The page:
globalEDGE Blog: Chinese Overproduction Intensifies Economic Slowdown

Chinese Overproduction Intensifies Economic Slowdown

Over the past two decades, China's economic growth has averaged 9.5% and national income has been doubling every eight years. This significant growth can be attributed to China's timely shift from a largely agrarian society to industrial production. However, expansion cannot last forever. The amount of raw materials being produced in China is continuing to increase, but demand for these materials is decreasing. Decreasing demand has contributed to the initial slow-down following China's rapid expansion, but if production itself is not moderated, China's economy could suffer greater consequences.

Despite government-ordered shutdowns, China's steel output rose 1.7% to 66.94 million metric tons in September, according to data from the National Bureau of Statistics. Overcapacity is not a new concept to China's economy, as they have been dealing with it for decades. Nonetheless, the government continues to funnel capital into exhausted industries such as steel and glass-making. In recent years, steel produced from China has surpassed the steel production of India, Russia, Japan, and the United States combined. As a result, several foreign governments have imposed tariffs on some Chinese steel products. European steel workers have voiced their opinions as well, protesting the import of Chinese steel altogether. The president of the European Union Chamber of Commerce in China, Joerg Wuttke, commented that "without sustained effort to address it now, overcapacity may well seriously impede the effectiveness of China's economic reform agenda." With global frictions growing, both producers and partners stand to suffer the negative consequences of an over-productive economy.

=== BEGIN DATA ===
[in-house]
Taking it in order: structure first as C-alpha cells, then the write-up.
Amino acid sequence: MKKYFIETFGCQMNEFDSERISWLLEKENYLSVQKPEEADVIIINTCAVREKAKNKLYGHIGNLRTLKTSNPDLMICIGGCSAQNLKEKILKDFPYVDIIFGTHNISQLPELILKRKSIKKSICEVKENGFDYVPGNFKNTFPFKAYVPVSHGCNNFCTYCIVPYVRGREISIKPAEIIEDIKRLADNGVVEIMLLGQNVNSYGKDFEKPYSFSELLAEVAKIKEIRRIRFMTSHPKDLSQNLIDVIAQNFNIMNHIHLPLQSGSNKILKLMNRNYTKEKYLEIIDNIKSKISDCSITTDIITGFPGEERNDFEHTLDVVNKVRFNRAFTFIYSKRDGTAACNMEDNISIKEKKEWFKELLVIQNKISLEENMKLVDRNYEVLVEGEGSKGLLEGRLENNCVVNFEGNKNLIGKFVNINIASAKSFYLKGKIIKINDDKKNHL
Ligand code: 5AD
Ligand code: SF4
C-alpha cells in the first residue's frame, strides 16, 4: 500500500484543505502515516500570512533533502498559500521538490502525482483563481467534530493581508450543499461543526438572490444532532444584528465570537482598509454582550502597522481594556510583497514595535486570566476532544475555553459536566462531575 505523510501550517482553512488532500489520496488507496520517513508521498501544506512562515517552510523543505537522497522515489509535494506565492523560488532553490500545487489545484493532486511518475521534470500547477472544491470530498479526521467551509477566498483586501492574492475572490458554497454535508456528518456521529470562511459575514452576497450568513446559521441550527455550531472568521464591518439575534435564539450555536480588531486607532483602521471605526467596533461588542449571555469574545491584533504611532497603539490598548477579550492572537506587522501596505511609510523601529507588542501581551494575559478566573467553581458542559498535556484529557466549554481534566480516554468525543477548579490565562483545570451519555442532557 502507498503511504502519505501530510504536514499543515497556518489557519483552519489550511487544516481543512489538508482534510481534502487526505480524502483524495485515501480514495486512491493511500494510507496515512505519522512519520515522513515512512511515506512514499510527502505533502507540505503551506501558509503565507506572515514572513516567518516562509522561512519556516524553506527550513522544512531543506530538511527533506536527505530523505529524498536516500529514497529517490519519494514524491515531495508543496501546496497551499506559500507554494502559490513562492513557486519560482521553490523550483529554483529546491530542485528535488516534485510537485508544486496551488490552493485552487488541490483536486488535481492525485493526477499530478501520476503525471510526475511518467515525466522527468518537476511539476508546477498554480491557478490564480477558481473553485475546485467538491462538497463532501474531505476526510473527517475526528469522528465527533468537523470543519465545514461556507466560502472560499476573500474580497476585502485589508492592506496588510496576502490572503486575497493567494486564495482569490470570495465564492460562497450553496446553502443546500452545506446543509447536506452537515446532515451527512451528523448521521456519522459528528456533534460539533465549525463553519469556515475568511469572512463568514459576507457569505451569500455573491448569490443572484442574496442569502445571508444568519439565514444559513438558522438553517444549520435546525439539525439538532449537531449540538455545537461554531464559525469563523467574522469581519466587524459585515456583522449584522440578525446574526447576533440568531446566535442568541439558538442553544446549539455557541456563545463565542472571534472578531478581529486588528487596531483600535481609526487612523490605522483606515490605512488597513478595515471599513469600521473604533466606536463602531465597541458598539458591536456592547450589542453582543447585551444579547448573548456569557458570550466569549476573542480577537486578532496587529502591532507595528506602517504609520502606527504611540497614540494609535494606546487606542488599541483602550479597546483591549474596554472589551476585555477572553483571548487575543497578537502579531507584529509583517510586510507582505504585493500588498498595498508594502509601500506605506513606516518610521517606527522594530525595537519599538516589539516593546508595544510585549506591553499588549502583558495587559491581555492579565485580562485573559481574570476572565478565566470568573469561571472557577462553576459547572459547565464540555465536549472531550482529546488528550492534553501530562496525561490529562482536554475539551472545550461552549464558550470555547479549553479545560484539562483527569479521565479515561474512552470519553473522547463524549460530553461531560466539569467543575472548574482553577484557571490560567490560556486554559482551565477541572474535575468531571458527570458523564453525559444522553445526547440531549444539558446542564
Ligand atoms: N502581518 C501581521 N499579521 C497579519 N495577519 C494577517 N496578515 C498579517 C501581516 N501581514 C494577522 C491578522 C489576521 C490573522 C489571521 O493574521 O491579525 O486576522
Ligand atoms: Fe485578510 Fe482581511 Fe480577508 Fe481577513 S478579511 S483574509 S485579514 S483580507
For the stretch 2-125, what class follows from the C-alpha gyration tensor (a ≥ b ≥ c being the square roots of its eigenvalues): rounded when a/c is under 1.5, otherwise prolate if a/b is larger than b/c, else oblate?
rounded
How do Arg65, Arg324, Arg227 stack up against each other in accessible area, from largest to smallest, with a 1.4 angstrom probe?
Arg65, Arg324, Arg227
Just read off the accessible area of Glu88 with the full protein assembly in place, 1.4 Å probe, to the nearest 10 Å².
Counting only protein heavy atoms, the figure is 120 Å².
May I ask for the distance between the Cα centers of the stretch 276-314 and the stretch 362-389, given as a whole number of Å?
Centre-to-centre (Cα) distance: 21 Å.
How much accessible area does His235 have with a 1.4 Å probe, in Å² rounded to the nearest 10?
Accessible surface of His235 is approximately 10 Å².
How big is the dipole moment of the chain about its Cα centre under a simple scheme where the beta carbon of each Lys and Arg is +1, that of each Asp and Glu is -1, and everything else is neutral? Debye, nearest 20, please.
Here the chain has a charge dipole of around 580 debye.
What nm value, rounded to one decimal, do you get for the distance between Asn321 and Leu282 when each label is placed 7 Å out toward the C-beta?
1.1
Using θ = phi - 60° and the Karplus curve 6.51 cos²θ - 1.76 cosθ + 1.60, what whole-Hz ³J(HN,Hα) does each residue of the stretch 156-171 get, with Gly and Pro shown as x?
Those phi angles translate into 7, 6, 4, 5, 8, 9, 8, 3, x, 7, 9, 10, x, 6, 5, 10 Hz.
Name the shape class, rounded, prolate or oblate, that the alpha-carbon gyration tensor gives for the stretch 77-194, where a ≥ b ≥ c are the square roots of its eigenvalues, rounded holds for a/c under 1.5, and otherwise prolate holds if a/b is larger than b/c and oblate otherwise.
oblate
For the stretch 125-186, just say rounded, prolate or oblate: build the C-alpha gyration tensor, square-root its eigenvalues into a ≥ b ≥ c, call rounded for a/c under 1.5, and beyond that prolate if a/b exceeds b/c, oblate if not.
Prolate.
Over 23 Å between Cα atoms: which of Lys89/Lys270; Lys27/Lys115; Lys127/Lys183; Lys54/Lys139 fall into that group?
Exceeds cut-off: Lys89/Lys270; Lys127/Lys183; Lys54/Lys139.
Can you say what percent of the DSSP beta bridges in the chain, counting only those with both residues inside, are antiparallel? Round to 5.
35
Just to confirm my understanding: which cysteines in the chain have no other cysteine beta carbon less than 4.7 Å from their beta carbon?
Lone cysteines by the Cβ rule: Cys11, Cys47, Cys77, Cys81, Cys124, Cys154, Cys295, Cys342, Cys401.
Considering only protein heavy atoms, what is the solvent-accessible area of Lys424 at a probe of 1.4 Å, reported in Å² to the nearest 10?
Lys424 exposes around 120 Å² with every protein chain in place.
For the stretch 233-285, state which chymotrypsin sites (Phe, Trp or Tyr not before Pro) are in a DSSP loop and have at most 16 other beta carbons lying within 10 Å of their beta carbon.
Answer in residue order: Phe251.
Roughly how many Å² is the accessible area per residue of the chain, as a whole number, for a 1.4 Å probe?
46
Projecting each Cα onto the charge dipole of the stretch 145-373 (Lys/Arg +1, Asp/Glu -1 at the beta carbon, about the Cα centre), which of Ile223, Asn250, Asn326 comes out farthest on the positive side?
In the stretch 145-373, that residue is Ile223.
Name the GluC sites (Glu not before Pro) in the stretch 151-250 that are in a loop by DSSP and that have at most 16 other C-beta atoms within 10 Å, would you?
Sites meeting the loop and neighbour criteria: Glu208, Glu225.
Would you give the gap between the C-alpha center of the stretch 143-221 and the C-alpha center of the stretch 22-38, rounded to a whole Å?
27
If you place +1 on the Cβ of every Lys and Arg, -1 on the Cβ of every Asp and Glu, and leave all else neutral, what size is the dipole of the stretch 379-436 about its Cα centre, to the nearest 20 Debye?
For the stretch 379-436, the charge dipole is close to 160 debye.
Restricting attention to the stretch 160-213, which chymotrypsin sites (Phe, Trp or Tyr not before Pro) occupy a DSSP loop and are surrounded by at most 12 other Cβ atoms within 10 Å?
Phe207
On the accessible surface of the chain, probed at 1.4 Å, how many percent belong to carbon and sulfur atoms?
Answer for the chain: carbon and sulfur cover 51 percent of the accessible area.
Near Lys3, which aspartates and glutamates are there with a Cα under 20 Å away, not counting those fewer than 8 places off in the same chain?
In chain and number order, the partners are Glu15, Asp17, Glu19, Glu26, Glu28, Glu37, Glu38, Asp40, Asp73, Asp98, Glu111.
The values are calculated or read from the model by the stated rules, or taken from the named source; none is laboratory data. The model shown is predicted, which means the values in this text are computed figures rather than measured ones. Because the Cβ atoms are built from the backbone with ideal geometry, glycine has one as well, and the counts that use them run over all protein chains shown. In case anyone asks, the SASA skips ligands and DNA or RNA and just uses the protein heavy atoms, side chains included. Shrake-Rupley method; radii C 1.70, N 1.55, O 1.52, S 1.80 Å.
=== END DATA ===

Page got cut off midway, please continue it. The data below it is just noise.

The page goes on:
Chinese officials are addressing the concerns, pledging to cut production in several over-productive industries. The European Union Chamber of Commerce in China offered suggestions such as cutting capital expenditures in some industries and imposing value-added taxes as alternative sources of revenue for local governments. Moreover, Chinese officials have called on other countries being affected by China's over-production, saying that overcapacity is a global issue.